$ printf "hello" | wc -c

5

5 characters in hello” (using printf instead of echo because otherwise we’d have a newline character as well). Great!

$ cal 02 2020 | wc -c

184
$ cal 02 2021 | wc -c

184

There’s the stumbling block. Each month has different output (2020 has that 29th day) but they both have the same number of characters because cal adds spaces to ensure consistent formatting. Spaces are countable characters just as much as numbers.

What can we do?

We can remove all the spaces! That would leave only the characters we want to count.

A great utility for removing characters is the tr command. As we saw in Let’s write a shell script, the tr command TRanslates string data. It can, say, change all a” characters into A” characters. It can also delete all specified characters which is exactly what we want.

In our case we want to delete all whitespace characters, no matter what they are (spaces, tabs, newlines, etc). There’s a useful grouping called a character class for that. [:space:] will target all of those many whitespace characters.

$ cal 02 2020 | tr -d '[:space:]'

February2020SuMoTuWeThFrSa1234567891011121314151617181920212223242526272829
$ cal 02 2021 | tr -d '[:space:]'

February2021SuMoTuWeThFrSa12345678910111213141516171819202122232425262728

Great! Can we count the number of characters to find leap years now? We sure can!

$ cal 02 2020 | tr -d '[:space:]' | wc -c

75
$ cal 02 2021 | tr -d '[:space:]' | wc -c

73

Now let’s output some leap years!

$ for year in {2000..2051}; do
  cal 02 "$year" |
    tr -d '[:space:]' |
    wc -c |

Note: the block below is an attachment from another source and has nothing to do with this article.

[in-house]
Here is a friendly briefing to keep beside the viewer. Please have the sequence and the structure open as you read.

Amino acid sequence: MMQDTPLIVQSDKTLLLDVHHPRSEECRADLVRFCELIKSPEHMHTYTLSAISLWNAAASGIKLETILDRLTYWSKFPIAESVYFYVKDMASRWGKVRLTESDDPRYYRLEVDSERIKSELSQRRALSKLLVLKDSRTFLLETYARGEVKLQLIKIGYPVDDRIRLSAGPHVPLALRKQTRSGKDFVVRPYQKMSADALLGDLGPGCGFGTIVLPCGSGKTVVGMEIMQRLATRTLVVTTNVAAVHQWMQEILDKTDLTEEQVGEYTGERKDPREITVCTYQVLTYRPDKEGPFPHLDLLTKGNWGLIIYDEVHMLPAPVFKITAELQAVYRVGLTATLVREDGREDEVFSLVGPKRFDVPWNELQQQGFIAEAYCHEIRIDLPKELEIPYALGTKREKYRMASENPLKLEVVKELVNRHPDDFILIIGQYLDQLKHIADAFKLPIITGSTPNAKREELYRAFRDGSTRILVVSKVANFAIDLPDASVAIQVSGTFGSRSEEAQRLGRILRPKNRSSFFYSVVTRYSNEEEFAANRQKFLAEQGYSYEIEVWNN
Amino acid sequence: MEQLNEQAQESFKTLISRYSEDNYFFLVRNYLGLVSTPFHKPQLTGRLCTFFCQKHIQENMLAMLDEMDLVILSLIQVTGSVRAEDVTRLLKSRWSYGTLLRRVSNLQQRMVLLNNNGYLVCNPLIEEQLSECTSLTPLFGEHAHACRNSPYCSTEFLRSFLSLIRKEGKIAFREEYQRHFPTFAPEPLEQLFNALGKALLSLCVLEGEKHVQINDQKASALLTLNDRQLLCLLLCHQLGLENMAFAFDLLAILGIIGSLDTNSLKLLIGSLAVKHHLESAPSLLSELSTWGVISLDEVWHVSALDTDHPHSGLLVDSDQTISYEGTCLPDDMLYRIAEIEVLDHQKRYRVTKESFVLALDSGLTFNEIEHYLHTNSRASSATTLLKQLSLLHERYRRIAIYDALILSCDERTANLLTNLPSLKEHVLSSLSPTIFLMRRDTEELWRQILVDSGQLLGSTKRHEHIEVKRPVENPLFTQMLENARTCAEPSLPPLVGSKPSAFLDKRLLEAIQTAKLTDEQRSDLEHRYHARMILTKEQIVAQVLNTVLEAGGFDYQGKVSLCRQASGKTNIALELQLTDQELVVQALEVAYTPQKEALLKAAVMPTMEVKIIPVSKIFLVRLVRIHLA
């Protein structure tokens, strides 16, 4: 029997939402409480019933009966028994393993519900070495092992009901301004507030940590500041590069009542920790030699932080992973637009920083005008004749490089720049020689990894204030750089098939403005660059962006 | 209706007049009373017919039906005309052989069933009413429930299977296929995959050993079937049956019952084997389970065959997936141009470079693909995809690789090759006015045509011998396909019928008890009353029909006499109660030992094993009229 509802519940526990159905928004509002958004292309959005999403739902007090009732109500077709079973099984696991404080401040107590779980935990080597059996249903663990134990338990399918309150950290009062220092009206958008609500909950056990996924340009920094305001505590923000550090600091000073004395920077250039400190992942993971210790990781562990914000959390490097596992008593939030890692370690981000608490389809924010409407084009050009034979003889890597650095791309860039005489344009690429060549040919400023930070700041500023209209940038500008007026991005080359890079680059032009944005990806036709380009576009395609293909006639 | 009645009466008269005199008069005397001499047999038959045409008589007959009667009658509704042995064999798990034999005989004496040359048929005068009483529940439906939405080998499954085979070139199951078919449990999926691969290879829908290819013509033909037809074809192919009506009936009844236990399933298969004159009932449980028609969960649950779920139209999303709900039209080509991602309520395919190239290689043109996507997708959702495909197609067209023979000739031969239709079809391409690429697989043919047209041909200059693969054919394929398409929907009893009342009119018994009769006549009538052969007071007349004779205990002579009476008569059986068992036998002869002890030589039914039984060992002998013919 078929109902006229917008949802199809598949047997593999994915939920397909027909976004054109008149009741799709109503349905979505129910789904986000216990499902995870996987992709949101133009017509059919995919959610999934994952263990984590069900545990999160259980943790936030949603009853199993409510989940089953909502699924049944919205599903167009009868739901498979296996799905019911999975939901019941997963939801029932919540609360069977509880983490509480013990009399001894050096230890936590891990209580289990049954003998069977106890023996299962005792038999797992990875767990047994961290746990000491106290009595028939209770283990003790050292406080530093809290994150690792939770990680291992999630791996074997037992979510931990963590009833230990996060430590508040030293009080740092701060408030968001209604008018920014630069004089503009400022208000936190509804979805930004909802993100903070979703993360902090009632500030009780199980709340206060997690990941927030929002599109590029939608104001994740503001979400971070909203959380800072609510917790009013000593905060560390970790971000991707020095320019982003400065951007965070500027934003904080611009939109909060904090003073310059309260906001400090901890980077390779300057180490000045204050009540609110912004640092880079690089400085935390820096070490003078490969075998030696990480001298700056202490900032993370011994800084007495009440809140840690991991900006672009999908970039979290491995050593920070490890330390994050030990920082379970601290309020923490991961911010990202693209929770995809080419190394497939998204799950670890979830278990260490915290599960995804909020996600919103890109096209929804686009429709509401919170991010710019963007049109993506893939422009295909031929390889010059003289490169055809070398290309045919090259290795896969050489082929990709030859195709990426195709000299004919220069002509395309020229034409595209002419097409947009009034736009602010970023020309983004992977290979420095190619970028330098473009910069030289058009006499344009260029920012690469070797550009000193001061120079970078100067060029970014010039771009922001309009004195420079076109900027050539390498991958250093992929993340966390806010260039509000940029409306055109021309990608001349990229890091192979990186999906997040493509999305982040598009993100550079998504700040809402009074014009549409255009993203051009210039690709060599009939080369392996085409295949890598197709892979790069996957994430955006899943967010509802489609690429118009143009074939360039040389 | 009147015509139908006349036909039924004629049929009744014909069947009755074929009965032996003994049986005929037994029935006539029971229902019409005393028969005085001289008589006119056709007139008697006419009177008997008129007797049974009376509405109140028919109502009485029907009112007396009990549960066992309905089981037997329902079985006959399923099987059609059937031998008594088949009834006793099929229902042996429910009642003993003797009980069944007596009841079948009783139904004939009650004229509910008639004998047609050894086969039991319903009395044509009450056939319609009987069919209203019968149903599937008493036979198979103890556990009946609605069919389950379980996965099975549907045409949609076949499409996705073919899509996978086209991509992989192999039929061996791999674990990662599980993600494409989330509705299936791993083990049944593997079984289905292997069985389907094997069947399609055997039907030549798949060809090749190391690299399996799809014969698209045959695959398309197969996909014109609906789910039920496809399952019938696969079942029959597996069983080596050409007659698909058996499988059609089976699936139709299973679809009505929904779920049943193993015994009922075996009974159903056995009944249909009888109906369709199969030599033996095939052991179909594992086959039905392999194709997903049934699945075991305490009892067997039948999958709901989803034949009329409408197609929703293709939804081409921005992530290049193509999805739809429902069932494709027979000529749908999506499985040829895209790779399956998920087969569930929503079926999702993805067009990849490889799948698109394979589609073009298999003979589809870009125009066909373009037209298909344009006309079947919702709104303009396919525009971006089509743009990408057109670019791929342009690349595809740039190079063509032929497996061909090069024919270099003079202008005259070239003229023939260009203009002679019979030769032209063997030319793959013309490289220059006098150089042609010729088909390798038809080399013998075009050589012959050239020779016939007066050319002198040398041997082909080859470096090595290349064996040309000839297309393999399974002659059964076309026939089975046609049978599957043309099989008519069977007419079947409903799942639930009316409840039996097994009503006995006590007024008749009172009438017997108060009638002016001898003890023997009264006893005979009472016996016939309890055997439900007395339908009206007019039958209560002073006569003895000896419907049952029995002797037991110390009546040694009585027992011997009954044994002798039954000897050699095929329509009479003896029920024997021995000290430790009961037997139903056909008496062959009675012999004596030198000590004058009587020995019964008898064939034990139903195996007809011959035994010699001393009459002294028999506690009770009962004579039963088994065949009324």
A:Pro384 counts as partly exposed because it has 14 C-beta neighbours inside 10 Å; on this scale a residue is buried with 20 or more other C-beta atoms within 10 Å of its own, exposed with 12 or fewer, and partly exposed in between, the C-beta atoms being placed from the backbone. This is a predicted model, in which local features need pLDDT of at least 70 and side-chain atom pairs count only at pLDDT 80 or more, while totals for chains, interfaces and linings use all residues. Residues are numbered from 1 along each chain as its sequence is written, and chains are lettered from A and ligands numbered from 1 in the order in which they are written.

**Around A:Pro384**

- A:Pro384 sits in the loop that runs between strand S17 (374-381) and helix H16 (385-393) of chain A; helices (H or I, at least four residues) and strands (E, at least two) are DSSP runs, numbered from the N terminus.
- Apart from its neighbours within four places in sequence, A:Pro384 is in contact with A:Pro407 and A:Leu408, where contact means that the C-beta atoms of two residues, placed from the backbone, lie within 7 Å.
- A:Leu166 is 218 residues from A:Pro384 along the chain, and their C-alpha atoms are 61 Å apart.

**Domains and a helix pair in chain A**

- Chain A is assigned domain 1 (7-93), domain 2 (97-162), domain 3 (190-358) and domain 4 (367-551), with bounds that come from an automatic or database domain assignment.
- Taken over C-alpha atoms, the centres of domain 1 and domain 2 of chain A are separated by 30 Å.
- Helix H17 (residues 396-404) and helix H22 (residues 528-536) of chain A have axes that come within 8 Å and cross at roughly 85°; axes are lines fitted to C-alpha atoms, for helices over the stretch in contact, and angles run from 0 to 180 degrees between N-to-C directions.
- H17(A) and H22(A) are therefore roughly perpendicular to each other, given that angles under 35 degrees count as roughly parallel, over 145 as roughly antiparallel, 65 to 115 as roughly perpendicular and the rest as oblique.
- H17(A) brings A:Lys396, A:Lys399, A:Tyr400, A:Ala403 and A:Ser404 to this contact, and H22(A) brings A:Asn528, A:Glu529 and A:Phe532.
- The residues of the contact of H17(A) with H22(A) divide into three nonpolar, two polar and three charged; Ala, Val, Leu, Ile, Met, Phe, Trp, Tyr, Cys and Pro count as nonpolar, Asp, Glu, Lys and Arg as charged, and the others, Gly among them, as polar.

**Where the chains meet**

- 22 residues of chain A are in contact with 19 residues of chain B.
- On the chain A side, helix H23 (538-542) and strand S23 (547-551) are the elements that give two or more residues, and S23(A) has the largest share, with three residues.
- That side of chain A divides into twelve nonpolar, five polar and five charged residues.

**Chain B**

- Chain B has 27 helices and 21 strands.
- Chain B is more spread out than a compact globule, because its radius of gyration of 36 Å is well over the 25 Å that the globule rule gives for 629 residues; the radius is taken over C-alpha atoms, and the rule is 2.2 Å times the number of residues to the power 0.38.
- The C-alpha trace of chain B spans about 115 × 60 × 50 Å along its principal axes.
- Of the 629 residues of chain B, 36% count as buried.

grep -q 75 && echo "$year";
done

2000
2004
2008
2012
2016
2020
2024
2028
2032
2036
2040
2044
2048

Hacks on hacks and it works!

Which do you think is faster? Yeah I have no idea either. The remove February” path is maybe faster? But I’d be surprised if there’s a huge difference.

Let’s not be surprised. Let’s find out!

There’s a great utility called hyperfine that allows evaluating the performance of multiple command line calls

Which is faster? Hyperfine will tell us

Here’s the flags I’m giving to hyperfine along with the two commands.

--style basic
    Plain output styling
--export-markdown hyperfine.md
    Export results as markdown
--warmup 5
     Do five runs before benchmarking
--ignore-failure
     Ignore non-zero exits

We’re not really concerned with benchmarking the loop of years itself, but the calculation of a year so I’ll only benchmark parsing a single year through each transformation.

$ hyperfine --style basic --export-markdown hyperfine.md --warmup 5 --ignore-failure "cal 02 2050 | grep -v Feb | grep -q 29" "cal 02 2050 | tr -d '[:space:]' | wc -c | grep -q 75"

Benchmark #1: cal 02 2050 | grep -v Feb | grep -q 29
  Time (mean ± σ):       1.8 ms ±   0.3 ms    [User: 0.7 ms, System: 1.9 ms]
  Range (min … max):     1.0 ms …   3.6 ms    493 runs

  Warning: Command took less than 5 ms to complete. Results might be inaccurate.
  Warning: Ignoring non-zero exit code.

Benchmark #2: cal 02 2050 | tr -d '[:space:]' | wc -c | grep -q 75
  Time (mean ± σ):       1.9 ms ±   0.4 ms    [User: 0.9 ms, System: 2.7 ms]
  Range (min … max):     0.7 ms …   5.9 ms    811 runs

  Warning: Command took less than 5 ms to complete. Results might be inaccurate.
  Warning: Ignoring non-zero exit code.

Summary
  'cal 02 2050 | grep -v Feb | grep -q 29' ran
    1.07 ± 0.28 times faster than 'cal 02 2050 | tr -d '[:space:]' | wc -c | grep -q 75'
Command Mean [ms] Min [ms] Max [ms] Relative
cal 02 2050 \| grep -v Feb \| grep -q 29 1.8 ± 0.3 1.0 3.6 1.00
cal 02 2050 \| tr -d '[:space:]' \| wc -c \| grep -q 75 1.9 ± 0.4 0.7 5.9 1.07 ± 0.28

As expected, practically no difference between them as far as wall clock time, BUT the remove February” path may be slightly faster.

That brings this command line tool assembly journey to an end.

Wrap up

Next steps

Last modified July 29, 2021   #programming     #command line